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January 19

2 comments

Coffee Seed Oil for Skincare

Coffee seed oil has some wonderful skincare properties and so I wanted to dig in and do a little research on this oil.

Here’s some of what I found.

First off, there are two types of coffee been oil, green and roasted.

Producers press coffee oil from both the green beans and the roasted beans and as you can imagine they are quite different!

There is also coffee essential oil, which is not to be confused with the lipid oils we are talking about here. 

Green vs Roasted Coffee Bean Oil

I was experimenting with these two versions of coffee bean oil and here’s what I found.

They are quite different!

The roasted coffee bean oil has the rich aroma we are used to with coffee as you might imagine.

The green coffee bean oil however has no coffee aroma at all.

Rather, the green oil I find to have a raw, woodsy kind of scent. And, when you can find an oil that is not overly refined, it has a medium amber color.

Unrefined or lightly refined green coffee bean oil contains a wide range of beneficial compounds that I am researching at the moment.

Action on the Skin

From my preliminary research, it seems that coffee bean oil can help increase the production of collagen in the skin as well as elastin in the skin and can help against moisture loss.

Elastin and collagen are body proteins that hold our shape and form. This is especially visible in the skin. Collagen and elastin help keep the skin smooth and elastic while slowing the aging process.

Another thing I found in my research is that compounds in green coffee bean oil have been shown to help protect against sun damage, redness from overexposure and oxidative damage on the skin.

Vitamin E, sterols, diterpenes cafestol and kahweol, squalene, and caffeine are some of the many beneficial unsaponifiable compounds in this amazing oil. In addition to these unsaponifiable that directly benefit the skin, let’s look at the unusual fatty acid breakdown of coffee bean oil.

Fatty Acids in Coffee Seed Oil

Here's a little bit of technical details on the unique distribution of fatty acids in green coffee bean oil.

Most oils have a combination of five main fatty acids in different proportions. But coffee bean oil is a bit different. It is a liquid oil with a very low percentage of oleic acid, but high in both saturated palmitic acid and polyunsaturated linoleic acid! Seldom have I seen oils with this unusual ratio.

What we then have is an oil that will protect with the saturated palmitic acid, yet feed and absorb into the skin with the linoleic acid. With oleic acid at 8% or less it is a really useful oil for problem skin that won’t tolerate high levels of monounsaturated oleic acid.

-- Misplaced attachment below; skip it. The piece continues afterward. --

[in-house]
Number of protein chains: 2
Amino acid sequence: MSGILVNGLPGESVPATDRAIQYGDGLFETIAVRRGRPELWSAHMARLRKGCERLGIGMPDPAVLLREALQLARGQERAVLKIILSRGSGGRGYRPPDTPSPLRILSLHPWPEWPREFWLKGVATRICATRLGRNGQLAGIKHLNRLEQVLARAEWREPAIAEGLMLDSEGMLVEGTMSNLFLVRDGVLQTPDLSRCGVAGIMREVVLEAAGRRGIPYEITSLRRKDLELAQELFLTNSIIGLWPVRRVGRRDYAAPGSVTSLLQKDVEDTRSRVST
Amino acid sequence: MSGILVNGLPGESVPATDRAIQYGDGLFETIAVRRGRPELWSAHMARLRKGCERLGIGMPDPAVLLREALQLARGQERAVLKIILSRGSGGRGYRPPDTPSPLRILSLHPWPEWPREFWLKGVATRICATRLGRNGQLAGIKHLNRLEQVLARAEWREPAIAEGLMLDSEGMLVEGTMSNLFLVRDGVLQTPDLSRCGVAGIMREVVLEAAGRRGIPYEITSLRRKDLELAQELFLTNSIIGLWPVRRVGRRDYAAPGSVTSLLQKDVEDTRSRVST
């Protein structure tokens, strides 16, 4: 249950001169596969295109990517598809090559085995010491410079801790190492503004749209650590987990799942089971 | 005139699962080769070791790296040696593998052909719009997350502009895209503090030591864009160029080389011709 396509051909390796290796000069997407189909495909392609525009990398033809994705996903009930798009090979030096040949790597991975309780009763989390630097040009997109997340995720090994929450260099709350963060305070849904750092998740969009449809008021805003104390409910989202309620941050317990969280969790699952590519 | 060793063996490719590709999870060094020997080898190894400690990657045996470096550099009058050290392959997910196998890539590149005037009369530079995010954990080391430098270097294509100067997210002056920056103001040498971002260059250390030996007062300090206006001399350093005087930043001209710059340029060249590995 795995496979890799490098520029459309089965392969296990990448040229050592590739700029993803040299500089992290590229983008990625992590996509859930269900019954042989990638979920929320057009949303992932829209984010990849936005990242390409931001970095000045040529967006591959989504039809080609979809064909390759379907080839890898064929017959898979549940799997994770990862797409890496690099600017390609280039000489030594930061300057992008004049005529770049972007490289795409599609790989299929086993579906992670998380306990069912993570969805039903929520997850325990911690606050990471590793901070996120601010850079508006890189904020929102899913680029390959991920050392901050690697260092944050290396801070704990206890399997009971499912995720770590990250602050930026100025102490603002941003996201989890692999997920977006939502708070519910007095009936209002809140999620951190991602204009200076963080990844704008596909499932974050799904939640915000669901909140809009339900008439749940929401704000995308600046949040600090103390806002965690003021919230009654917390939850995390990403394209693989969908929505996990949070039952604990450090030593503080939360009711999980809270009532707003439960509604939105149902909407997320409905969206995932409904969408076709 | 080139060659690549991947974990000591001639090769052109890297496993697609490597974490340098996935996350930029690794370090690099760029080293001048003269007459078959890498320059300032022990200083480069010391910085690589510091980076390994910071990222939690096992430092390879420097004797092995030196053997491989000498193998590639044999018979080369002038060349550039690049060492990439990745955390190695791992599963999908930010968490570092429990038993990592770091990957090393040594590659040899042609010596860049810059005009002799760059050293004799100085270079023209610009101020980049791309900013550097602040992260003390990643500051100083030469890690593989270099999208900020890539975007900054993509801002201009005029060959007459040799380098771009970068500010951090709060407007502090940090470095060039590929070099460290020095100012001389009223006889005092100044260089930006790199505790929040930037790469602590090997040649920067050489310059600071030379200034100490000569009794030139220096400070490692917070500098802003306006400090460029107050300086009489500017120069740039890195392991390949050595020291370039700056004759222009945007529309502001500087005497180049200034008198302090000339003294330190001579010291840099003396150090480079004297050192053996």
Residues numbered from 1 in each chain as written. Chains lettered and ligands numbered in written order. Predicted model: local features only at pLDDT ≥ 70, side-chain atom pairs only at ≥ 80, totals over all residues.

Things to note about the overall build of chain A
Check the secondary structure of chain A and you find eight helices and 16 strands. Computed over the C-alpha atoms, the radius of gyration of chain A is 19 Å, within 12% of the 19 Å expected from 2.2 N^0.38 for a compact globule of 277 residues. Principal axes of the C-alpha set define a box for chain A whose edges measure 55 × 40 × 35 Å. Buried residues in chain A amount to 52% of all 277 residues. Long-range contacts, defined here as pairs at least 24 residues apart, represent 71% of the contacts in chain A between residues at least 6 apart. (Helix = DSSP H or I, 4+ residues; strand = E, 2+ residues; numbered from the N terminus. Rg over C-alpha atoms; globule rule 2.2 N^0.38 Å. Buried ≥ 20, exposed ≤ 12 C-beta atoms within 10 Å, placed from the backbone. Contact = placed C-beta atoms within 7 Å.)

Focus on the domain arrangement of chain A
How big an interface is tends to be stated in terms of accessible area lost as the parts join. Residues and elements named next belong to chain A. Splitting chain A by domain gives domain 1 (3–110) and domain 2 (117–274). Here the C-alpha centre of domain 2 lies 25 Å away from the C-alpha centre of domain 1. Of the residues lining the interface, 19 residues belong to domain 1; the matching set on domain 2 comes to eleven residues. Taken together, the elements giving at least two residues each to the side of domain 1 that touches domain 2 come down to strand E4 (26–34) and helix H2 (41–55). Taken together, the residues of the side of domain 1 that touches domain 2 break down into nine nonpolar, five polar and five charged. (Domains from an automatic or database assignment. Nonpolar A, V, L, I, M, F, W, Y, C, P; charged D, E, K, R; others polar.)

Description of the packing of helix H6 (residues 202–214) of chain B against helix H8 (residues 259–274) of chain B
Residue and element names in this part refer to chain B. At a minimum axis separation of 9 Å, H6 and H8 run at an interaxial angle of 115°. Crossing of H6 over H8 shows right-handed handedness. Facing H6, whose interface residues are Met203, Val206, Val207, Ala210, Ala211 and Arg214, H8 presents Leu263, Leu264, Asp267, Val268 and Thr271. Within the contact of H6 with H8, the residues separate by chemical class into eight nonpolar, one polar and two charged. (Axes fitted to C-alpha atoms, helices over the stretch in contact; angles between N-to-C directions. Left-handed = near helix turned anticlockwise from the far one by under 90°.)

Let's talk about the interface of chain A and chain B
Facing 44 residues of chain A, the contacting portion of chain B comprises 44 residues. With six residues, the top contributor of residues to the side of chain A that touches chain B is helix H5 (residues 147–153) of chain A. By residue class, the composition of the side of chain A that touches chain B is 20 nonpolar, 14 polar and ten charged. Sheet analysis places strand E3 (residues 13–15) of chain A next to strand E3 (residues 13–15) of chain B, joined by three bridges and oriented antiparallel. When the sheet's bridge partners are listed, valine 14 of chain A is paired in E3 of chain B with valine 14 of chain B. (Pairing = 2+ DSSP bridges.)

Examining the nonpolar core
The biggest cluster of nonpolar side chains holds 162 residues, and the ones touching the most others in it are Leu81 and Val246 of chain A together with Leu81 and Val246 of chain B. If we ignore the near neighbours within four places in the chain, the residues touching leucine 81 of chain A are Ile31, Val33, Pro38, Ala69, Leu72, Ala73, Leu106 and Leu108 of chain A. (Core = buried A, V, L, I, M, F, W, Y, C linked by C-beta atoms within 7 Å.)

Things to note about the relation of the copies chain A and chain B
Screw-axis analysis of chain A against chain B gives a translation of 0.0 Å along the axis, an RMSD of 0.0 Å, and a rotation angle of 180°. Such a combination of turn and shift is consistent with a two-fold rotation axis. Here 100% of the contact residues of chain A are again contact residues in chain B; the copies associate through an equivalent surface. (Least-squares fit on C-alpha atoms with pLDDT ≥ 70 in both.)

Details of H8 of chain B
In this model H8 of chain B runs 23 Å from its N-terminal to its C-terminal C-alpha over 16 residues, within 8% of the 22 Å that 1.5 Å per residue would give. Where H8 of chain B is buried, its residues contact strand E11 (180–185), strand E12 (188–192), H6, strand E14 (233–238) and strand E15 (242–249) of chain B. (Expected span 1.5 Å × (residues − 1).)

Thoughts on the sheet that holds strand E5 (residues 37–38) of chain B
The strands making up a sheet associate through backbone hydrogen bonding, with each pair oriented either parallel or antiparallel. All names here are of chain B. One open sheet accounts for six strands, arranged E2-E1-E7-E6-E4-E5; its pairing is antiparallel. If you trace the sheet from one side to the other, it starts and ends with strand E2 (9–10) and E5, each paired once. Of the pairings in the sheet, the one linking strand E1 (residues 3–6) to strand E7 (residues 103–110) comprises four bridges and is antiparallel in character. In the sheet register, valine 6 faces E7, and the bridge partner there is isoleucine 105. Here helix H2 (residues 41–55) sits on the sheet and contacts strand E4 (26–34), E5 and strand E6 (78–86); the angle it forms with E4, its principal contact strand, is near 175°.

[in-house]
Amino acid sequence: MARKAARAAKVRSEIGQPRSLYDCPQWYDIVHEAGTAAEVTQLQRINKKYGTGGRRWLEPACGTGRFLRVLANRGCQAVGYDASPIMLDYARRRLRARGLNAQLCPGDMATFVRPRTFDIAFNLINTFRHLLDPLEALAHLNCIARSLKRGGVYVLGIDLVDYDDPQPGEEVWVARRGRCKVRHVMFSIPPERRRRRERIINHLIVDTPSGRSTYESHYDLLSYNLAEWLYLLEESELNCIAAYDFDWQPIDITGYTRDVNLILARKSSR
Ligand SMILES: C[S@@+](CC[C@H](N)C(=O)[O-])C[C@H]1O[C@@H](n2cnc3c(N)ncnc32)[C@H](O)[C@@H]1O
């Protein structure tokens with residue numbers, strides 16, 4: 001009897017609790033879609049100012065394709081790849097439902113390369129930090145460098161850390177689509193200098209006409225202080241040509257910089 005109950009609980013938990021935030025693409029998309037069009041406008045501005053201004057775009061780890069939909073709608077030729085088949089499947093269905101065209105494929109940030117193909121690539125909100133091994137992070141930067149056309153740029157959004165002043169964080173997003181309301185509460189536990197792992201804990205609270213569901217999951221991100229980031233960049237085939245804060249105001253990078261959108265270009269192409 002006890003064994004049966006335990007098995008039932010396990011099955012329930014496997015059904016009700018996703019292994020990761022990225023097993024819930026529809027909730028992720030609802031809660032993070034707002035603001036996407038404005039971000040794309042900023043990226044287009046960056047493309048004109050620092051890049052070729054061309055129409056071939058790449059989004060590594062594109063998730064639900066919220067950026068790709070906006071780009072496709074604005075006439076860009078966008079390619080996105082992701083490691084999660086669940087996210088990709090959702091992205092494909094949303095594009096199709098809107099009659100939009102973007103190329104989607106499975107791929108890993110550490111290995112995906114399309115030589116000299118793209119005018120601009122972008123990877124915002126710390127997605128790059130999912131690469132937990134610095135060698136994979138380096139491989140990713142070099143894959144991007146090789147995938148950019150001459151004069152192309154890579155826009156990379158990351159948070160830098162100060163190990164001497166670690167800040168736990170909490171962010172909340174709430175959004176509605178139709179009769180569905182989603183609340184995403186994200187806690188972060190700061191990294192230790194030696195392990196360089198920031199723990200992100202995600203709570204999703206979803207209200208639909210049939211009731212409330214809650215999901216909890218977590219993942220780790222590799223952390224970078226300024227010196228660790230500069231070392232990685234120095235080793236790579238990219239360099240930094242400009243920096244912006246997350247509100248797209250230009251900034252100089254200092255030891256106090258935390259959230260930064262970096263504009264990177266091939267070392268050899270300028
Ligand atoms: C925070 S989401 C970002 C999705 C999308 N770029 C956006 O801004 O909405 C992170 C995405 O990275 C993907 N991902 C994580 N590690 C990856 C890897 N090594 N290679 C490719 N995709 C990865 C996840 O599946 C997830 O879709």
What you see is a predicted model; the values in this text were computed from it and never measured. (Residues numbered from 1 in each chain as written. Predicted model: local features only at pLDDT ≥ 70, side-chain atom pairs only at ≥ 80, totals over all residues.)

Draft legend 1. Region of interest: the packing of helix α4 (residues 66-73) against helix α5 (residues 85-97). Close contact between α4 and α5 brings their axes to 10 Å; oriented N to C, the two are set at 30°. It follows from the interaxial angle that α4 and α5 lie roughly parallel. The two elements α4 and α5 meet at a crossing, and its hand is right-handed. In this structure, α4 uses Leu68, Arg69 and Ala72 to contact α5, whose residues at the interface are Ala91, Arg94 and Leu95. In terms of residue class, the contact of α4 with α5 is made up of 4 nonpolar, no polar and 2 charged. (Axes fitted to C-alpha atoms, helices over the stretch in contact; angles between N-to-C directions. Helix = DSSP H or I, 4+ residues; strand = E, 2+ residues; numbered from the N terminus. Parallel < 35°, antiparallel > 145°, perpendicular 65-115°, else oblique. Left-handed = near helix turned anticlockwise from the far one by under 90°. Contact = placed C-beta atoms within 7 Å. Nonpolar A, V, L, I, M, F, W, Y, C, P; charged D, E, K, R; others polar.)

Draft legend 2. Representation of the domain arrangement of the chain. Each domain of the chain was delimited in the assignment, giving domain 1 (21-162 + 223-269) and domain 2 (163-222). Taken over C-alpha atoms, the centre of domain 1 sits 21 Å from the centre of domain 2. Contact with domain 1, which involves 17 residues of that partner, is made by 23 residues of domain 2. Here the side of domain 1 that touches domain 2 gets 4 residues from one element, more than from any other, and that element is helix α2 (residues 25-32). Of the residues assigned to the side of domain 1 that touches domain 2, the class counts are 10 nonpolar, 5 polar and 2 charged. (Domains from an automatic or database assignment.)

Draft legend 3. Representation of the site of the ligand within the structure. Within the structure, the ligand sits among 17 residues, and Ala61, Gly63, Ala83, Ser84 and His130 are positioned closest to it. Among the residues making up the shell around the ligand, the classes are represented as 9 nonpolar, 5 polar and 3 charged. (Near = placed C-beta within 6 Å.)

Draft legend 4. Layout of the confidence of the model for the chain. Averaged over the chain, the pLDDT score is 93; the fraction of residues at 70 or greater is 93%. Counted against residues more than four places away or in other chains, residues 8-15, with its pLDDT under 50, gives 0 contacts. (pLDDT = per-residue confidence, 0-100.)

Applied to the skin, I recommend trying it on damp skin, it goes on thickly likely because of the high saturation of the palmitic acid but then it absorbs fairly quickly with its high percentage of linoleic acid.

These are the ranges of this unusual distribution of fatty acids in the oil. The distribution will vary some depending on the variety of coffee and the conditions it has been grown in as is the case with all oils.

Palmitic C16:0 acid               33%     to    40%
Linoleic C18:2 acid               38%     to    50%
Oleic C18:1 acid                   6%      to      8%

Here's a short video on coffee seed oil 

Have you worked with coffee seed oil? Leave a question or a comment below


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About the author 

Susan Parker

I'm Susan M Parker, author, teacher and researcher. My life is steeped in the lipid oils, carrier oils, plant butters. Since publishing my book Power of the Seed in 2014 I have been teaching and sharing my work with the botanical and lipid oils with students from around the world.

  • Dear Susan
    As always I learned a lot from your informative discussion and I enjoyed it. But actually I couldn’t understand what about prooerties/ differences or values of roasted coffee beans oil?

    • The differences between the oils is in the healing fraction – not so much in the fatty acid composition. And it is the fatty acid composition that I found so interesting here – the large percentage is saturated and polyunsaturated with a very minor amount of monounsaturated oleic acid. Susan answering

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